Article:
However, it is highly improbable that the run would reach its projection even if that were the case.

Wild segments of the steelhead run enjoy protections under the Endangered Species Act (ESA).

The new fishing rules will remain in effect until further notice.


The Columbia River: The night closure will be in effect from Buoy 10 near the river’s mouth upriver to the Highway 395 Bridge in Pasco.

Drano Lake and the Wind River: The night closure and the steelhead-fishing closure will both be in effect in Drano Lake and from the mouth of the Wind River to 400 feet below the Shipherd Falls fish ladder.

Anglers fishing for other species such as northern pikeminnow and walleye can continue to fish at night in Washington waters.


These area will remain closed to all fishing until river temperatures have stabilized below 68 degrees. This is unlikely to occur prior to late September.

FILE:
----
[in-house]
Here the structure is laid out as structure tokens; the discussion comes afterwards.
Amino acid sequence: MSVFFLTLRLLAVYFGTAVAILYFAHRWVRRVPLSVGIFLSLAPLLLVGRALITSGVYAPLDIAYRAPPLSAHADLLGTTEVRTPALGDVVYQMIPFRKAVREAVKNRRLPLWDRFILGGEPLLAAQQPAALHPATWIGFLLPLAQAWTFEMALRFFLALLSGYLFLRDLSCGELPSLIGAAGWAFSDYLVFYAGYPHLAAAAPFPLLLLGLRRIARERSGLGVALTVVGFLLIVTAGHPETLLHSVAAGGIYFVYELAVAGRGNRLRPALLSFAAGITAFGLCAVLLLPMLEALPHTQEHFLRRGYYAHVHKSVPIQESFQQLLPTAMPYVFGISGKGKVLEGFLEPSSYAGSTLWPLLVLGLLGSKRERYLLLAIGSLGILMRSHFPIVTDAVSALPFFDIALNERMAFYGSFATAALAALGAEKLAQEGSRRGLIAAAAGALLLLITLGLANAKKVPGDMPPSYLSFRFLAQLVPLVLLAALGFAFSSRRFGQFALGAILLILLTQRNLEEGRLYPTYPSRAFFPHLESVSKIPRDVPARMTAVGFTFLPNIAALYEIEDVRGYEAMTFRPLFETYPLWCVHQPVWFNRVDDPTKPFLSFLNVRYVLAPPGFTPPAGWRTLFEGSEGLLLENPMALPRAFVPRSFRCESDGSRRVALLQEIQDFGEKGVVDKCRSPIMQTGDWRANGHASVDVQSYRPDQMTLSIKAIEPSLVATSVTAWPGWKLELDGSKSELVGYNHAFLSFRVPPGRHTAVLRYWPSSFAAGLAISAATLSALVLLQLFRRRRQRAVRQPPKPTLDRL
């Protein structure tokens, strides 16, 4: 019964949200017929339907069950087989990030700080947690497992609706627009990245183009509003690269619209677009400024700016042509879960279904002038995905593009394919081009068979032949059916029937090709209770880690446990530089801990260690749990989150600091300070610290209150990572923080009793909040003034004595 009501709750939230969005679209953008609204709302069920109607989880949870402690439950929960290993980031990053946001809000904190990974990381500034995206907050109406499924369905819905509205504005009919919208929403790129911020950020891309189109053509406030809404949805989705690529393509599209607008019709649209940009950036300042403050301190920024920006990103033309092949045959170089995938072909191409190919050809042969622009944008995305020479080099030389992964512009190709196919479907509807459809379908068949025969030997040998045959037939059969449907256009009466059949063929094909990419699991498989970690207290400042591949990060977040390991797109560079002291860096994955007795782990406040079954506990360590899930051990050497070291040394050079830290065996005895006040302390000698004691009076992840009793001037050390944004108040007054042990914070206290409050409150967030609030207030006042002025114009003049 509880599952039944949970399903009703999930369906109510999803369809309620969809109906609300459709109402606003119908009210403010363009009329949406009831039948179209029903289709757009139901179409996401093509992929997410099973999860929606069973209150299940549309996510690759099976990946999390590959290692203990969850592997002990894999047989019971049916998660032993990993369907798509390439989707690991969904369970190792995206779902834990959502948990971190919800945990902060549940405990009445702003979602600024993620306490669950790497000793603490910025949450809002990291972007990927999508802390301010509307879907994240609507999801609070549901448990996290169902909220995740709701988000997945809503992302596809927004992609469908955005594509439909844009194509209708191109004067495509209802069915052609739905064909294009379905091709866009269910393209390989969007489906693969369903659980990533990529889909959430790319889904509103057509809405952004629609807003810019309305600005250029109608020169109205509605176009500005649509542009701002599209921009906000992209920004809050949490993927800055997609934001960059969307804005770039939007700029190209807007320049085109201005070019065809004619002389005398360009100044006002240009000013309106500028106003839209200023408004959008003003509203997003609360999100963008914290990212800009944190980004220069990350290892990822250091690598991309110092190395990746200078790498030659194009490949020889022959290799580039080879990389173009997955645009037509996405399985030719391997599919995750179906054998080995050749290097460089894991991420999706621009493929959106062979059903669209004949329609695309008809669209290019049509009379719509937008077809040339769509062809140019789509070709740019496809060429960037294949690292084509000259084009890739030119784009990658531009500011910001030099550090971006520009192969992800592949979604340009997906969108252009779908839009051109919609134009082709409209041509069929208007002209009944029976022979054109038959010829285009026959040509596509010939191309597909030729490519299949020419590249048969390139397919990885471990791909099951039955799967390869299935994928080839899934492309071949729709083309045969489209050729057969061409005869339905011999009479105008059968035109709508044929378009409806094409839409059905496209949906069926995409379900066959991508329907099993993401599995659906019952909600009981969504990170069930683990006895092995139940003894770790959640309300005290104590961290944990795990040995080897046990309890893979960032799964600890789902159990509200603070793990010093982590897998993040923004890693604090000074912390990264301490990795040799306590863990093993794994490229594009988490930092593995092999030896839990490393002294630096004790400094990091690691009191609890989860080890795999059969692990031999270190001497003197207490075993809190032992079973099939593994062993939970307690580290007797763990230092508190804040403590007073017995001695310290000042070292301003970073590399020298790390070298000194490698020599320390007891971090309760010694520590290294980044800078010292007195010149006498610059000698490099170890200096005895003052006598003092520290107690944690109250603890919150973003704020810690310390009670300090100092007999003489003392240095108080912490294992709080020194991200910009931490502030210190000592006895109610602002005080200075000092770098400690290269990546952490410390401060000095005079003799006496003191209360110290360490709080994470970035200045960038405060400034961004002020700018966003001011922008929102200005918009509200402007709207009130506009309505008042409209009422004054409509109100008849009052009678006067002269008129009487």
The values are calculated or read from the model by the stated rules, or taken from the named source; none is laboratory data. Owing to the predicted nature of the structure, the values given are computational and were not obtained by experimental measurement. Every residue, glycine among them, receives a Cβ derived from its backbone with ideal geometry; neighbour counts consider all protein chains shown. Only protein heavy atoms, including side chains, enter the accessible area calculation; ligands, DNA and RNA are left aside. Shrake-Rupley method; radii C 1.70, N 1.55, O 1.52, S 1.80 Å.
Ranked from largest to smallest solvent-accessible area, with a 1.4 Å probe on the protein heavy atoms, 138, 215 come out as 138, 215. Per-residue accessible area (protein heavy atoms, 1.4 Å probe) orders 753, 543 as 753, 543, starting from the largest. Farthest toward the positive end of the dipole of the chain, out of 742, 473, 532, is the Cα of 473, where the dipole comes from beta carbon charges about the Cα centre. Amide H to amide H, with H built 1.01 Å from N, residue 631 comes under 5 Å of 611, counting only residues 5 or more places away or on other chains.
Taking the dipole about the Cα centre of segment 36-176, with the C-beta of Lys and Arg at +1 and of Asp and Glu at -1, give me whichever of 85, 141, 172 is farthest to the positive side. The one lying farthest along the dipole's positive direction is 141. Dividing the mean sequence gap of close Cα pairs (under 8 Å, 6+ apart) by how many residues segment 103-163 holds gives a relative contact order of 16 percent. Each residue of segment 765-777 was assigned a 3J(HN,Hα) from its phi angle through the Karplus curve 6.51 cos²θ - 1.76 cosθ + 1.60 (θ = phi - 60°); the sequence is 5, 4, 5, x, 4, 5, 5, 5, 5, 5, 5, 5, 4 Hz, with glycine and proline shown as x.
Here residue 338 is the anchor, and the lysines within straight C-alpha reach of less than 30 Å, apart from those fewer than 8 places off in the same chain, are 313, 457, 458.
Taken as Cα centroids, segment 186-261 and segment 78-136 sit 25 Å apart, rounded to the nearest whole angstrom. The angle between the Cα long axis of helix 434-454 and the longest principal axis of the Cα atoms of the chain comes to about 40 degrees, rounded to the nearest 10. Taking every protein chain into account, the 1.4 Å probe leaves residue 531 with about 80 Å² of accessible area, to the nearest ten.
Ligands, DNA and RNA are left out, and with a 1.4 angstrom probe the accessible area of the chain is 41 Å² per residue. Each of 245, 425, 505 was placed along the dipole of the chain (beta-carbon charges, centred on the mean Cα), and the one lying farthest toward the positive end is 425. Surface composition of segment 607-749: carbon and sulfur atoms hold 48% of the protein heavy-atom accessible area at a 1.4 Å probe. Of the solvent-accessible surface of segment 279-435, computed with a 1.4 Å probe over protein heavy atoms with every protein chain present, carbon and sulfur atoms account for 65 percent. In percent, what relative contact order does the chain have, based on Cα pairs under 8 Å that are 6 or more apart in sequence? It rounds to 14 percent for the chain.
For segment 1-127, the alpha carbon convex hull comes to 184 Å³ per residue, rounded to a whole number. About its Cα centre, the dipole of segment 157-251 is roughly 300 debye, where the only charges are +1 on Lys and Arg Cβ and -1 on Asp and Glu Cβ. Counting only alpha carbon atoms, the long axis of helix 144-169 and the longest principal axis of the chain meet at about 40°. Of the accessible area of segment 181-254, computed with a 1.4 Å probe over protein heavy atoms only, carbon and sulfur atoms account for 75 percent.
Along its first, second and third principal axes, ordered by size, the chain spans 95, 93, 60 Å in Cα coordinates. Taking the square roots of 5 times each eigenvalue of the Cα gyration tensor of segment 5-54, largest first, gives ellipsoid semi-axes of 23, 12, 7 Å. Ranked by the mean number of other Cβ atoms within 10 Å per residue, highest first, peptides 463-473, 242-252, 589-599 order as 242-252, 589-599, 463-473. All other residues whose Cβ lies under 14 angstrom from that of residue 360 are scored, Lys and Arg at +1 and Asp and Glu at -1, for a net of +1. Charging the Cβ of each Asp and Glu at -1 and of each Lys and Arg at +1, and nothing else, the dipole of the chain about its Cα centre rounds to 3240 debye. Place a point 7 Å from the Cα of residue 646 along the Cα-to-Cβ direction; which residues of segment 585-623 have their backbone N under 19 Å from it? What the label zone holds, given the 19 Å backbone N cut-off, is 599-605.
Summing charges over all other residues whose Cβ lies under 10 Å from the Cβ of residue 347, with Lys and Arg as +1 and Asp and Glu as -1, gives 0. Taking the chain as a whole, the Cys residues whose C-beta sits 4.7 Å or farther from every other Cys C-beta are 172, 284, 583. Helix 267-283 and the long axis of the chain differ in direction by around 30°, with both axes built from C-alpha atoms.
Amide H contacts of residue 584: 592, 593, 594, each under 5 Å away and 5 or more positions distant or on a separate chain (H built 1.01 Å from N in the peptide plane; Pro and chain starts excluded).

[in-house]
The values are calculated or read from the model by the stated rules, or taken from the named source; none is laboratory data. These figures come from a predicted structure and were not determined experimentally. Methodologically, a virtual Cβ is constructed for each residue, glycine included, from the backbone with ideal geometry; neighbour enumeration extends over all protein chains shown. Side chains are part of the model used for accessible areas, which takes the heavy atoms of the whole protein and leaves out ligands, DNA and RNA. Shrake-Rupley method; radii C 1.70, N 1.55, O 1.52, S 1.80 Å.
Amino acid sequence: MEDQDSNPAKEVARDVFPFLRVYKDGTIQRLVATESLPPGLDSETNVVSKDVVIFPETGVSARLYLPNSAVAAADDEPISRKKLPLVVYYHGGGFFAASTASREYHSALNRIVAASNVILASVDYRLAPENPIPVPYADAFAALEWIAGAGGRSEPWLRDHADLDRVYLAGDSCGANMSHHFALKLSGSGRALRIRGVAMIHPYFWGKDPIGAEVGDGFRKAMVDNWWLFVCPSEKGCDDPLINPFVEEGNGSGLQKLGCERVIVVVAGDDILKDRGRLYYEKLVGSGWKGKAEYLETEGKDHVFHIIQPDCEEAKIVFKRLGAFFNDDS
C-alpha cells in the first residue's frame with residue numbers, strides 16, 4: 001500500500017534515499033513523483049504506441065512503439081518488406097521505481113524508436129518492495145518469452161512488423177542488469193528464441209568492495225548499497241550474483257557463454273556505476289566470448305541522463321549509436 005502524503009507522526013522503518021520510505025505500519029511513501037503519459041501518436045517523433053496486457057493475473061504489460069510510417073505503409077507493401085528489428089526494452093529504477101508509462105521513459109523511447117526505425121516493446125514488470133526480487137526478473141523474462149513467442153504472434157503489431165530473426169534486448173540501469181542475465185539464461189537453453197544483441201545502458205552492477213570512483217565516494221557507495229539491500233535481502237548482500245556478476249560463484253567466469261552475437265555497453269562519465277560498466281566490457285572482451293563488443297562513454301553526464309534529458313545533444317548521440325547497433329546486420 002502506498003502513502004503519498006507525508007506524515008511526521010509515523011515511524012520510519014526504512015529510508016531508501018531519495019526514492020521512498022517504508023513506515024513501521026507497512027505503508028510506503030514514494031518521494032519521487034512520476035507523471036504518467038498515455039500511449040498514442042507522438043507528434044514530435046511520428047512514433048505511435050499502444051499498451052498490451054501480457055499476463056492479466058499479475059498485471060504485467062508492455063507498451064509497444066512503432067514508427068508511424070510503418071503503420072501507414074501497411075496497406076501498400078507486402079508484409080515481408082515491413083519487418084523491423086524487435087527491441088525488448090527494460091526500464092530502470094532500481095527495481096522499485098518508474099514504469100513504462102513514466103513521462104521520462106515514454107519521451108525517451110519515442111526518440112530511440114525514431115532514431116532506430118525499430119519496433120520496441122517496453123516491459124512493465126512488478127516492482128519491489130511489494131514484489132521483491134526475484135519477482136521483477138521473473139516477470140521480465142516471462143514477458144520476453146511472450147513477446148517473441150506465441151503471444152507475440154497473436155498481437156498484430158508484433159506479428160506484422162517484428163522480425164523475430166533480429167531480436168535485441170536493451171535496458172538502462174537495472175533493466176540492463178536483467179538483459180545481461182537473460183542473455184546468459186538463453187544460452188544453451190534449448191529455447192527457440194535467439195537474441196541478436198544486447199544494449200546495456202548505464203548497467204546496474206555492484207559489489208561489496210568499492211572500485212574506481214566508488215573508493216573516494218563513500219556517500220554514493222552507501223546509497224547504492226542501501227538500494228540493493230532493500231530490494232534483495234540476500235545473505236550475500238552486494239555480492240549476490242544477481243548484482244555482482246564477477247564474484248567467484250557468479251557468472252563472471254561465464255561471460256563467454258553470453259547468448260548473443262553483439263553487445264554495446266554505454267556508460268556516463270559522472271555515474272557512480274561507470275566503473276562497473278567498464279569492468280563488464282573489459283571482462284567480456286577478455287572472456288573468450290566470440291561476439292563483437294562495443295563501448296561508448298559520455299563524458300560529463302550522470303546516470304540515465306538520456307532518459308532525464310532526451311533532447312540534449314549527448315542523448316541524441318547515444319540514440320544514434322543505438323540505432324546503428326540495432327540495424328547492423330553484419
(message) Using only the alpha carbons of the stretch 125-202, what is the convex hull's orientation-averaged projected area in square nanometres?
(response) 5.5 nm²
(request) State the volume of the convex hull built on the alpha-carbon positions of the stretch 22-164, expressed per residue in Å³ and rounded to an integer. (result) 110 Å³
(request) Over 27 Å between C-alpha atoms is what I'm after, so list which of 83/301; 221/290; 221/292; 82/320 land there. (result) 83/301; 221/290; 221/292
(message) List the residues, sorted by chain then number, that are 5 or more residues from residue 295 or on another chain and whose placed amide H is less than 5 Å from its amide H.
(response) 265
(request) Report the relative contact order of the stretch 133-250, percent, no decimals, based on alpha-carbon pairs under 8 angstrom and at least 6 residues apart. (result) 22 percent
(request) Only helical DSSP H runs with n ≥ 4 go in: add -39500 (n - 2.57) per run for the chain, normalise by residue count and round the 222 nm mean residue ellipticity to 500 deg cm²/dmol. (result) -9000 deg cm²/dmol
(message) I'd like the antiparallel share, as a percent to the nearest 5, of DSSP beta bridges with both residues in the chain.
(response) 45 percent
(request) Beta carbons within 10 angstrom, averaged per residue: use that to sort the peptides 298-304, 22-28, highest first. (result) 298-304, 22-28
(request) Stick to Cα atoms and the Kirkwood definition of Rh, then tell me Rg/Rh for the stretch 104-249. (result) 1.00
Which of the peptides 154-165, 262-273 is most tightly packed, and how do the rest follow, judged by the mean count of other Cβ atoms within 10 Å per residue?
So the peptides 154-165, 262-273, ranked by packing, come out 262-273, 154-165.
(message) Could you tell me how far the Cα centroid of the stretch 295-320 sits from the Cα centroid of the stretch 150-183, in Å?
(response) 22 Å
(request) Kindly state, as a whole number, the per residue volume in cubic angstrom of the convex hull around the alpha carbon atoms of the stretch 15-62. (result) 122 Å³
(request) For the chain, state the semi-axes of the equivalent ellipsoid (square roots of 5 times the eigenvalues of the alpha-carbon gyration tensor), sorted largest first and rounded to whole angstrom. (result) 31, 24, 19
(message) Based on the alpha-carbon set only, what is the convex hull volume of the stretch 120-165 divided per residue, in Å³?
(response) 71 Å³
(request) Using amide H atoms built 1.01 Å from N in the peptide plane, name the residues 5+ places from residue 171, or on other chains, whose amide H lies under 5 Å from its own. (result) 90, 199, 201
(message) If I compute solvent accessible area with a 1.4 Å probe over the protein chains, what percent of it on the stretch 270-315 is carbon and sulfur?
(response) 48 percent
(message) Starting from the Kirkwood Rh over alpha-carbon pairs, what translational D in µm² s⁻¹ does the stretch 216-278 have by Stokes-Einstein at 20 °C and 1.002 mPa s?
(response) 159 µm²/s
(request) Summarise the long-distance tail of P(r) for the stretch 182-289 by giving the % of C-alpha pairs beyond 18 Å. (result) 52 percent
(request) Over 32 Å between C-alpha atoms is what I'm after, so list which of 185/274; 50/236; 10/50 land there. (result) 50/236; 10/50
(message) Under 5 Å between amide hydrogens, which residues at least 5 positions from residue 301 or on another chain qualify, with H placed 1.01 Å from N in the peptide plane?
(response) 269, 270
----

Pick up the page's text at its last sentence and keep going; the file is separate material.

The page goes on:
The closed areas are:

• All waters south of a straight line projecting from the flashing red USCG light NO. 2 upstream to the lower South Channel Range B marker located approximately 3/4-mile upstream of the mouth of the Deschutes;

• The lower Deschutes River from the mouth upstream to markers placed on the downstream end of Moody Rapids.

These are known cold water refuges for summer steelhead. When the Columbia River gets too warm for the fish to survive they pull into these refuges until colder weather arrives.

Even in these refuge areas, fighting a steelhead to exhaustion in the hot season can stress and kill fish that are released.